Mrs. Ellen Egryn gives us a glimpse of that struggle which so many have to face in choosing Mr. Traquair’s ‘Art of Expression’ or Miss Marsden’s ‘Art of Living.’

Claremont, Cal.
Always I have loved children — babies, tiny babies. Always I wanted babies of my own, not just one or two, but a dozen or two. At least there was a time (a long, long time ago) when it seemed to me that a dozen children would hardly satisfy me, so much I loved them. When I was married I wanted children. But not right away. For I loved music, too. I was studying and I wanted to study a little longer, get a little farther on before turning my attention to babies.
But the babies did not wait. One after another they came into my life, as fast as babies can come. Five of them. Business reverses came too. And I learned to work as I had never dreamed of working. I cooked and cleaned and ironed and sewed and took care of the babies. I finally learned to wash. I remember that the first time I did my family’s washing was one of the proudest, if also one of the tiredest, days of my life. I had admired and rather envied women who could do their own washing if they had to. Now I could. And for a while I had to.
I was not strong and I was not the ‘naturalborn housekeeper’ that many fortunate women are. Everything involved effort. Always I was tired, desperately tired. And it is not too much to say, it is hardly enough to say, that never for one moment, night or day, during those first years, was there absent from my mind the longing to go back to my music, the longing to play. I used almost to wish that I could like music, instead of loving it, that I could enjoy it in a comfortable way, as most people seemed to do, instead of in such an uncomfortable way. I almost hoped that my children would not care for it, that they might escape my conflict.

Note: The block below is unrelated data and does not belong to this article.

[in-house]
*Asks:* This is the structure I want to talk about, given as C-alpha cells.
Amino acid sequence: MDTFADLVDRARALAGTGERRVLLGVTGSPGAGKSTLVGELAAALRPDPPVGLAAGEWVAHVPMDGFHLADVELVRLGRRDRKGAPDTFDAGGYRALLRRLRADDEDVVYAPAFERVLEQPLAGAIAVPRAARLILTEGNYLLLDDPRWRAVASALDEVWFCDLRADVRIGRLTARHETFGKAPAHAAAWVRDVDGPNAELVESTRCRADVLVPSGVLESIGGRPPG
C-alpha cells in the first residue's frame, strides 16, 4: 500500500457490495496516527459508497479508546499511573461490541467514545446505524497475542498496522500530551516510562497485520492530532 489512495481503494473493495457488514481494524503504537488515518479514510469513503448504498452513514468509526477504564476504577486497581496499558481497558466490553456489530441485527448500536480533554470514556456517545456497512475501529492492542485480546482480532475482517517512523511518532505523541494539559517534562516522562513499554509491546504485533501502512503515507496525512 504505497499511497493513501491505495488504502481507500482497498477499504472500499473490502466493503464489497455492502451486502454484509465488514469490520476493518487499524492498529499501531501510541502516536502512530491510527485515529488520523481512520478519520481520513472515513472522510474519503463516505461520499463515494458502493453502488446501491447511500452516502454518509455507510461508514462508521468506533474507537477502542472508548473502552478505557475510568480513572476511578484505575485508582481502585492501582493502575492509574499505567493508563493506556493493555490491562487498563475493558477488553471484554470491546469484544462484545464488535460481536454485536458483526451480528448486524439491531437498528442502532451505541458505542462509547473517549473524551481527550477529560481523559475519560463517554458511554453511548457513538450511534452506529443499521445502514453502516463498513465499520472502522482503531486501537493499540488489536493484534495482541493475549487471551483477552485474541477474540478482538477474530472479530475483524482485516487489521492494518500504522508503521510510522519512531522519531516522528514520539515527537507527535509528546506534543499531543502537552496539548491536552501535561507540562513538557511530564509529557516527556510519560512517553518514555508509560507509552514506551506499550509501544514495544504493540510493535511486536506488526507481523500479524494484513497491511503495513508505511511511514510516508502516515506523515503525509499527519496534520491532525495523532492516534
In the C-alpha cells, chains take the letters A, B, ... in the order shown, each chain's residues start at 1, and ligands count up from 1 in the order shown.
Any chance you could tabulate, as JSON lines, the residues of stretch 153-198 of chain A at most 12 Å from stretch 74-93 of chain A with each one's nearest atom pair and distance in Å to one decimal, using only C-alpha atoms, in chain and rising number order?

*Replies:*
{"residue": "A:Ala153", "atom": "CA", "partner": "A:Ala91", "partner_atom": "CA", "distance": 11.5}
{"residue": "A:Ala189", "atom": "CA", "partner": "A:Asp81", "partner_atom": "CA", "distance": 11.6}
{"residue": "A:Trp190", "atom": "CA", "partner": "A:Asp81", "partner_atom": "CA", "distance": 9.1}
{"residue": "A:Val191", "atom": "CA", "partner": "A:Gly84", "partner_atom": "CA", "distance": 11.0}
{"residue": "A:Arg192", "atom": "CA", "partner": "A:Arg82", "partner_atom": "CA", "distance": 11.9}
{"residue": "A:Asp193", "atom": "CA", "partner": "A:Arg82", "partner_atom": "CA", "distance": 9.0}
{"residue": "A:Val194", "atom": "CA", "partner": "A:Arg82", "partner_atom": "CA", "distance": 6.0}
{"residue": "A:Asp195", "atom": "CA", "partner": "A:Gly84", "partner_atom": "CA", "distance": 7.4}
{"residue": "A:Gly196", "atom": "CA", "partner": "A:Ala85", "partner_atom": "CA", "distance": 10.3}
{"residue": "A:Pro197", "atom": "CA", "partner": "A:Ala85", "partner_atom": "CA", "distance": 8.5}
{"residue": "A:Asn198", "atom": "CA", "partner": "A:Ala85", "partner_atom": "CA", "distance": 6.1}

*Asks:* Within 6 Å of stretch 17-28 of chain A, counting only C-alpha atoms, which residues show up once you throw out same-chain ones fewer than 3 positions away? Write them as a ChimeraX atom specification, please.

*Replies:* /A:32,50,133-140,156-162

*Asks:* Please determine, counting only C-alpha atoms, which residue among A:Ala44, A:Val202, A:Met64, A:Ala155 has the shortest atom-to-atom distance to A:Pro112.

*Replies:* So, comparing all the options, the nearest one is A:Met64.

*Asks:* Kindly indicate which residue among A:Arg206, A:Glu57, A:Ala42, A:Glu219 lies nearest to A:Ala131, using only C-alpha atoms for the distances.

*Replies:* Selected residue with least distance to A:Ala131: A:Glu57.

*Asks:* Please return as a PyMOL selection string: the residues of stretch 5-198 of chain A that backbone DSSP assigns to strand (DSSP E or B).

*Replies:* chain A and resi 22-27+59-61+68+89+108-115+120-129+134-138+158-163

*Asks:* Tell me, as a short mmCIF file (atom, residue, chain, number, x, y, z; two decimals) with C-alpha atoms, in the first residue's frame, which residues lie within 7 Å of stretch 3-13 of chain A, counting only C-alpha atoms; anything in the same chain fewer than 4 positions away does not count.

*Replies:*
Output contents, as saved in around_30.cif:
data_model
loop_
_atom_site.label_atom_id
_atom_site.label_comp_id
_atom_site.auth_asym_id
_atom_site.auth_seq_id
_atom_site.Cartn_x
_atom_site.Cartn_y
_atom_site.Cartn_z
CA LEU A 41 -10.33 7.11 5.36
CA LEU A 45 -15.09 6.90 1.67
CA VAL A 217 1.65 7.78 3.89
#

Always I knew perfectly well that I would not give up my husband and babies for all the music in the world. Wifehood and motherhood were more than I could have dreamed. The coming of our first baby was a revelation, the opening-up of an unimaginable world, both to my husband and to me. But that did not change the fact at all that part of my nature was unsatisfied and crying always for satisfaction.
I used to think that very likely if I had been a genius, my time and strength would have gone to music first, in spite of everything, and my family would have had to get along with what was left. But I know that I was wrong. Even if I had been a genius, my family would have won in the struggle, music would have lost.
Perhaps this struggle, which is a part of many a mother’s life, this longing for something that she cannot have and would not have for the price she would have to pay, perhaps this is part of the stuff that her son’s genius is made of.

Would Mr. Sherman, for all his professional authority, have dared to say this to Cornelia?

Yonkers, N. Y.
In Professor Sherman’s profound analysis of the problem novel, in his ‘Conversation with Cornelia,’ I am arrested by this statement: ‘I find myself in pretty thorough sympathy with the current tendency to revolt against the doctrine of the irrevocable as applied by Goldsmith and certain of the Victorians. The early Georgian principle that virtue, in this connection, means to maintain permanent relations with one who is thoroughly agreeable to you begins to sound like orthodoxy, that to maintain permanent relations with one thoroughly disagreeable is vice.’